This definition is rather simplistic in nature but this is a definition that the State follows in applying actions of some agents towards their principal. Don't forget, in regulating actions of brokers the State interprets what is considered loyalty and good faith towards a client.
Golden Rule - -Do unto others as you would have others do unto you-. Basically speaking, the actions that you take on behalf of a client should be the same actions you would expect if you were a principal in a real estate transaction.
State Action - If an investigator for the Department of Licensing says that your actions were not in your client's best interest, but in your best interest, disciplinary action shall be taken by the DOL. This could be pursued under the 'loyalty' statutory rule by the State. This regulation established by the State under RCWs (State Laws/Statutes) is somewhat vague regarding the interpretation. This is purposefully so because the State has the power to interpret on a case-by-case basis.
Appeal a Ruling - If an investigator makes an interpretation that is against your interests, you do have the right to appeal to the Director regarding the investigator's decision. But in the meantime, you are guilty until proven innocent. Therefore, it is best to take actions that are in your client's best interest and to document your actions on a regular basis.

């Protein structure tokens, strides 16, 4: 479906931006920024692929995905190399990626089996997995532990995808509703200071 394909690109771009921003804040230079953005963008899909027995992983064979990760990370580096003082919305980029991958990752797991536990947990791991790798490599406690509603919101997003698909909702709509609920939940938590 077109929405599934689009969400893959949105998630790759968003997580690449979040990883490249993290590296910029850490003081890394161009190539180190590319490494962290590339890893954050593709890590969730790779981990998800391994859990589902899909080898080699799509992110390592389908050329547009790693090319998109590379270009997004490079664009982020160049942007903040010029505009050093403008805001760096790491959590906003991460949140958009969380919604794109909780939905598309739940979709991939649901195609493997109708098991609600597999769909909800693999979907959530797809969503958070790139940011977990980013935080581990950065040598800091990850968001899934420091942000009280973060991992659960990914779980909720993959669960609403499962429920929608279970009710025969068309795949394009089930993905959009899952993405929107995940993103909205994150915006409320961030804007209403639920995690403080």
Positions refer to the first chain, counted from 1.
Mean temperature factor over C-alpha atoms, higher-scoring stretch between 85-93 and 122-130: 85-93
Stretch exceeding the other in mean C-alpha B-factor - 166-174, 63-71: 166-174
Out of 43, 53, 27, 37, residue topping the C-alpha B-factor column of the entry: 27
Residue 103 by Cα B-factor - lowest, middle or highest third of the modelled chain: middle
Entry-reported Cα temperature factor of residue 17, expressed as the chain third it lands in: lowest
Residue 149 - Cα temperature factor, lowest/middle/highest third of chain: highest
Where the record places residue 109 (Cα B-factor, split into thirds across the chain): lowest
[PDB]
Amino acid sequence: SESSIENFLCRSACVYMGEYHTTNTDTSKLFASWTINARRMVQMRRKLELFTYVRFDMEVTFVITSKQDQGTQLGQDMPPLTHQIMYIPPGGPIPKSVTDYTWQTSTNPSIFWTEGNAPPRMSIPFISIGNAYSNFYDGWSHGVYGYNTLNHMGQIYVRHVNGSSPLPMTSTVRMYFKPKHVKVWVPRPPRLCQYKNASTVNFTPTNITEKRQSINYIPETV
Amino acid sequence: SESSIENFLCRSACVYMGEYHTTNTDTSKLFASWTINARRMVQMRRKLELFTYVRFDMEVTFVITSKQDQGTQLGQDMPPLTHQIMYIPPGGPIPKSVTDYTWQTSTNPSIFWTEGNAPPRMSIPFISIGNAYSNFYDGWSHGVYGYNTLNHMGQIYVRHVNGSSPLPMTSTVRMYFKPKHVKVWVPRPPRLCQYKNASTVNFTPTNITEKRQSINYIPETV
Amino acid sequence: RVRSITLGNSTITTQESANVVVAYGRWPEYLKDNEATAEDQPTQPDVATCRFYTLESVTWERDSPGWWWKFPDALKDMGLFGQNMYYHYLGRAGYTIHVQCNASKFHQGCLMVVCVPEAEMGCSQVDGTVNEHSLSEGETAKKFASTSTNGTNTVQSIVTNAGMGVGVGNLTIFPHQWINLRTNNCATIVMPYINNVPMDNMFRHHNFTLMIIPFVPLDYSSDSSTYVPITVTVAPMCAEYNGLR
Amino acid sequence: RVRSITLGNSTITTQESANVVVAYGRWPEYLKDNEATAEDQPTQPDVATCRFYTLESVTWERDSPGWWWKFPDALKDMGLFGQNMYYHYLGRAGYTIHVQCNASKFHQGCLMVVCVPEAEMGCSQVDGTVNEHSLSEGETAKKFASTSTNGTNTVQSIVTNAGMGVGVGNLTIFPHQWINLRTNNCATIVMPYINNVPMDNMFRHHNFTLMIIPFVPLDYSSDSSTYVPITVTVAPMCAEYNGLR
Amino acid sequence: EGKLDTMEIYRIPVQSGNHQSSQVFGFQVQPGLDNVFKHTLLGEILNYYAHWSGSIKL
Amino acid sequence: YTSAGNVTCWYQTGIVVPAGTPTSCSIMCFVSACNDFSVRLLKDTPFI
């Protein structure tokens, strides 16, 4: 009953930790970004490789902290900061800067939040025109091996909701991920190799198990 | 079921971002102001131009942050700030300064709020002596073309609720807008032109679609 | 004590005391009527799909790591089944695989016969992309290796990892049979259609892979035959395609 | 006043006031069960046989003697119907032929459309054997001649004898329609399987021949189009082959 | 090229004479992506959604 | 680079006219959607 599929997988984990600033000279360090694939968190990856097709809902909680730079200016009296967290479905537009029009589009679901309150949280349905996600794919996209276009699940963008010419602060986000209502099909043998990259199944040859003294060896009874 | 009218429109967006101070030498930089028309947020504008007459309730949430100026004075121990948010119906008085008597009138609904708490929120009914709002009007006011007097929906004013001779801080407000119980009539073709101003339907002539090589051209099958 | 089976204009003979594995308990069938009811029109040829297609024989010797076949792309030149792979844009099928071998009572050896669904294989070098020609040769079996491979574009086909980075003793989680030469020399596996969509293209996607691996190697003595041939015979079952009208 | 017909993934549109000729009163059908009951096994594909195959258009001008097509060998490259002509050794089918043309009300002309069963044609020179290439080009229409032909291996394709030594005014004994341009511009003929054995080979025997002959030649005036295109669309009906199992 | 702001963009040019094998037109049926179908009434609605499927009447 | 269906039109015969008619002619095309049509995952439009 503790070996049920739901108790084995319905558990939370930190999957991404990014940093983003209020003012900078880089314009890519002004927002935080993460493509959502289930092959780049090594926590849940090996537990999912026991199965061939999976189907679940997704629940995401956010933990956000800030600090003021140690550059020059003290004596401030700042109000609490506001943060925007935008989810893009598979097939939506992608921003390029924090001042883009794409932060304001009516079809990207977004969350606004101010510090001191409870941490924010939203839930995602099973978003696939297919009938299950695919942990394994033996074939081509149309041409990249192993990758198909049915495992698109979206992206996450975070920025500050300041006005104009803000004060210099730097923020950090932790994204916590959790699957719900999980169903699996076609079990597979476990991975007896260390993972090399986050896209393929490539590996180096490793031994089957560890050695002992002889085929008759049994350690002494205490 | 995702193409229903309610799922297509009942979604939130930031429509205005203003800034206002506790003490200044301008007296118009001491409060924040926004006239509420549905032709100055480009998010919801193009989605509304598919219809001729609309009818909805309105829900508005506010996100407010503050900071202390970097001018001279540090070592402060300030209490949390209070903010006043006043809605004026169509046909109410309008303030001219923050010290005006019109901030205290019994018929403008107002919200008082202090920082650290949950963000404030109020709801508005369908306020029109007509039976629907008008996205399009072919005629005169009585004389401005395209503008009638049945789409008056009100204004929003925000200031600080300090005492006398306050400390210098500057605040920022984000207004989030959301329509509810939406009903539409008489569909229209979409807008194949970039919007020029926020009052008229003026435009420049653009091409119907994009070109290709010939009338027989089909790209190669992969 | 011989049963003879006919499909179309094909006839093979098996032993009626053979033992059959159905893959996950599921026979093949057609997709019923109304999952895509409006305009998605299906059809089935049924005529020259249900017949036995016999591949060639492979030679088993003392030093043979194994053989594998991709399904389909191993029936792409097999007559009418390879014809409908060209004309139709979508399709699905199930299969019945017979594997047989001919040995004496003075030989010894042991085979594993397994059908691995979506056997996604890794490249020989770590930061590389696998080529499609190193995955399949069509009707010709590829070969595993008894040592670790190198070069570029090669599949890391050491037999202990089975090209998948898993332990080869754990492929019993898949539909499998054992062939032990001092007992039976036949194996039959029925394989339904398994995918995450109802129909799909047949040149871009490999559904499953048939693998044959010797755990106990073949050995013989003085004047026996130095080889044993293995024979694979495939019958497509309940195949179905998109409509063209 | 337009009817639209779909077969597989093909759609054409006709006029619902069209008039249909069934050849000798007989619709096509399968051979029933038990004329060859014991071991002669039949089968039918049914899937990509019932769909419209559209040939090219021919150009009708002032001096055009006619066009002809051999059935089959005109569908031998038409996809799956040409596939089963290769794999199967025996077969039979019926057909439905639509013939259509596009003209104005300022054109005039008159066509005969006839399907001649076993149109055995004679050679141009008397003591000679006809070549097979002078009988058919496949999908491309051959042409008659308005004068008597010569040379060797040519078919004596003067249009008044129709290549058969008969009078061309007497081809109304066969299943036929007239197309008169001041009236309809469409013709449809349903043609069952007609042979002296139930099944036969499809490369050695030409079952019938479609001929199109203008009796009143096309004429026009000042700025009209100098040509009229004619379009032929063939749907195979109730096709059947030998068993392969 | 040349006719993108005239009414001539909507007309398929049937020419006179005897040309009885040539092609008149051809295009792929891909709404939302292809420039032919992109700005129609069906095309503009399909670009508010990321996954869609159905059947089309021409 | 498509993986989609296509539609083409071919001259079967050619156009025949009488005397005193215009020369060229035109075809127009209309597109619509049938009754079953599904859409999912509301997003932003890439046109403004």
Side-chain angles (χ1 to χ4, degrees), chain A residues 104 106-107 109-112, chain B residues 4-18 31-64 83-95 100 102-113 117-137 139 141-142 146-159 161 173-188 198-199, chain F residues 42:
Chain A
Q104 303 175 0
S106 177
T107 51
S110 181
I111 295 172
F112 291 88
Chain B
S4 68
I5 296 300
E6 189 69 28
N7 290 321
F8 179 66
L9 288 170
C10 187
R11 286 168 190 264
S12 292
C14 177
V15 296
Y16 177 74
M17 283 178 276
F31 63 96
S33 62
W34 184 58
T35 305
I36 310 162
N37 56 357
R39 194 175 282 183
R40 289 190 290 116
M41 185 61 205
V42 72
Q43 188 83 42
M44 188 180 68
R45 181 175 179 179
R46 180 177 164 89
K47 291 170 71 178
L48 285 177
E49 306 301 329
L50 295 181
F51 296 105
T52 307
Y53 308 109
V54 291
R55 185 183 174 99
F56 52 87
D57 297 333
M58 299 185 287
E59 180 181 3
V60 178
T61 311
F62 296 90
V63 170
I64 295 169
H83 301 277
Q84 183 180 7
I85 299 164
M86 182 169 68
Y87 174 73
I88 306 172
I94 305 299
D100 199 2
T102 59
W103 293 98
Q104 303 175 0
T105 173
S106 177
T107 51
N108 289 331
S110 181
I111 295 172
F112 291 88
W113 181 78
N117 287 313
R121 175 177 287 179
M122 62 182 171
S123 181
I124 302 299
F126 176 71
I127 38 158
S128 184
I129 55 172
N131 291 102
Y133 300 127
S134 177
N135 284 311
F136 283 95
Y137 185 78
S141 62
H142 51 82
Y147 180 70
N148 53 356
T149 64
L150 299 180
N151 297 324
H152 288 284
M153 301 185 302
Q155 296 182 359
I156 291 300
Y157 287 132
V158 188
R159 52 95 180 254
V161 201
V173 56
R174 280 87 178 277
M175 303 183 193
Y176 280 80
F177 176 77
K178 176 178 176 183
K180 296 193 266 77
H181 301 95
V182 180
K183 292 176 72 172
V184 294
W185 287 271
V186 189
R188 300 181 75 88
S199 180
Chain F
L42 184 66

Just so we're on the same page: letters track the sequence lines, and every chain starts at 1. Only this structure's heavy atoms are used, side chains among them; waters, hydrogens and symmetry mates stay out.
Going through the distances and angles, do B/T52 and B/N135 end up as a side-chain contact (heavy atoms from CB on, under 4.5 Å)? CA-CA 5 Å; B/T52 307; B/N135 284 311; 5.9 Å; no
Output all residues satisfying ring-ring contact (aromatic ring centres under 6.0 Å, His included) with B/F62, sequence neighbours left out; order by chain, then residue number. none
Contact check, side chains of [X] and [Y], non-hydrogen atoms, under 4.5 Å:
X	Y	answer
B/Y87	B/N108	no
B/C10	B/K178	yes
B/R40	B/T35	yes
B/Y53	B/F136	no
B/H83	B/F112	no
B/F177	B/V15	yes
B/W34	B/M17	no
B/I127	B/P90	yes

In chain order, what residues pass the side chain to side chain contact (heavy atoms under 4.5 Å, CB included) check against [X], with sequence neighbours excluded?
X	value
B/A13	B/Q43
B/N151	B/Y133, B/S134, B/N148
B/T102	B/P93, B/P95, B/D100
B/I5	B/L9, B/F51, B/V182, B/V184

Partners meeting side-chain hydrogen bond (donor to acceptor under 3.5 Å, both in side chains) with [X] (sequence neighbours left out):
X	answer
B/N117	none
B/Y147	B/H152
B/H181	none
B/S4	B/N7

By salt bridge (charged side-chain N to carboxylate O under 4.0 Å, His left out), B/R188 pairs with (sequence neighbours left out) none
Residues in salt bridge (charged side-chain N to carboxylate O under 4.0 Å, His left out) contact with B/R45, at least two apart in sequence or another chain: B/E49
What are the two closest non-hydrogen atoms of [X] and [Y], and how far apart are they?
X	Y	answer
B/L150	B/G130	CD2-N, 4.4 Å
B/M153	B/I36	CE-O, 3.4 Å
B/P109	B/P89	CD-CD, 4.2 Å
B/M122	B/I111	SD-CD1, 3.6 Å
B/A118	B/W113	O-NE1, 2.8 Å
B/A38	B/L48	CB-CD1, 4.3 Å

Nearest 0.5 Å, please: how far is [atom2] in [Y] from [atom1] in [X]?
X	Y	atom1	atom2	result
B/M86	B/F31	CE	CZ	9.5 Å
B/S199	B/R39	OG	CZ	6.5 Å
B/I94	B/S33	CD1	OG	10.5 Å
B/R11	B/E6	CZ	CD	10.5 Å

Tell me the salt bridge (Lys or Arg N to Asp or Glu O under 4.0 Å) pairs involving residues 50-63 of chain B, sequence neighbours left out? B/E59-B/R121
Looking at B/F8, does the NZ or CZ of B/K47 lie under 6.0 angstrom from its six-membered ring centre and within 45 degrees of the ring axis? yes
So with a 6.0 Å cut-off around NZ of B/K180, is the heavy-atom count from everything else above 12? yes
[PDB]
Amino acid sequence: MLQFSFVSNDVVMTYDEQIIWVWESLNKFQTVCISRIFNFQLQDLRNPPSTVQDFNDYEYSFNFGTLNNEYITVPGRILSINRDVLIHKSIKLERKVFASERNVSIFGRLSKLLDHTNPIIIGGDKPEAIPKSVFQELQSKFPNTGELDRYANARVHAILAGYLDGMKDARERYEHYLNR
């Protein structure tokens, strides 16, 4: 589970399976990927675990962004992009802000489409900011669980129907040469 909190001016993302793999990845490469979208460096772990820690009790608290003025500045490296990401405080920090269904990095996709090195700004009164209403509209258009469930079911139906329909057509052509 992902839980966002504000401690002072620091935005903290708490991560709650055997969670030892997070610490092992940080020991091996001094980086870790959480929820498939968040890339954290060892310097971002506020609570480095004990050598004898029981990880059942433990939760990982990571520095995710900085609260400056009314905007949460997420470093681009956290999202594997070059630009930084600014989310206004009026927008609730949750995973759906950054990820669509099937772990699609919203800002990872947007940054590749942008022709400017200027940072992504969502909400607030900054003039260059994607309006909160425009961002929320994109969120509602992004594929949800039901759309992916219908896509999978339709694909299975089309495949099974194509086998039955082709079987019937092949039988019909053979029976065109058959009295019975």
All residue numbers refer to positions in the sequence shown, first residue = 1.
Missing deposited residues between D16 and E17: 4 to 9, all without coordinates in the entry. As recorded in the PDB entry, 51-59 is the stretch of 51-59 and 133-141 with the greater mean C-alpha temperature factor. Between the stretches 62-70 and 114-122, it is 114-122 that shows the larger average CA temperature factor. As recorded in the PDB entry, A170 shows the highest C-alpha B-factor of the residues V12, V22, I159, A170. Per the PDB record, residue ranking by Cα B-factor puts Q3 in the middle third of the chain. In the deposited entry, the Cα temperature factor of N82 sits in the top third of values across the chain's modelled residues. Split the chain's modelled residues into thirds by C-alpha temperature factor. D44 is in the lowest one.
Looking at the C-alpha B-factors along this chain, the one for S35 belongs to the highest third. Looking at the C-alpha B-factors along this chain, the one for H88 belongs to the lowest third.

Running a Brokerage
In running a brokerage firm, there are numerous regulations and requirements by the State that must be met. The first concept we are going to delve into are the requirements of the State regarding the services that your office staff can provide the general public. This sounds rather innocuous, but there have been a number of situations involving a firm and the actions of their UNLICENSED staff that were not in compliance with State regulations. So, we will begin with the definitions of personnel/staff and their function.
Office Personnel/Staff - The UNLICENSED staff that you hire to do the general office work for your firm has to be well trained regarding their responsibilities and the requirements of the State of Washington. The main requirement of staff is that they do not practice any form of brokerage services. Only brokers registered with the State are allowed to perform brokerage services.
Staff cannot work with the public such as giving the public information over the phone and one the firm's listings. For this reason some firms require their staff to obtain a real estate license if they deal with the public.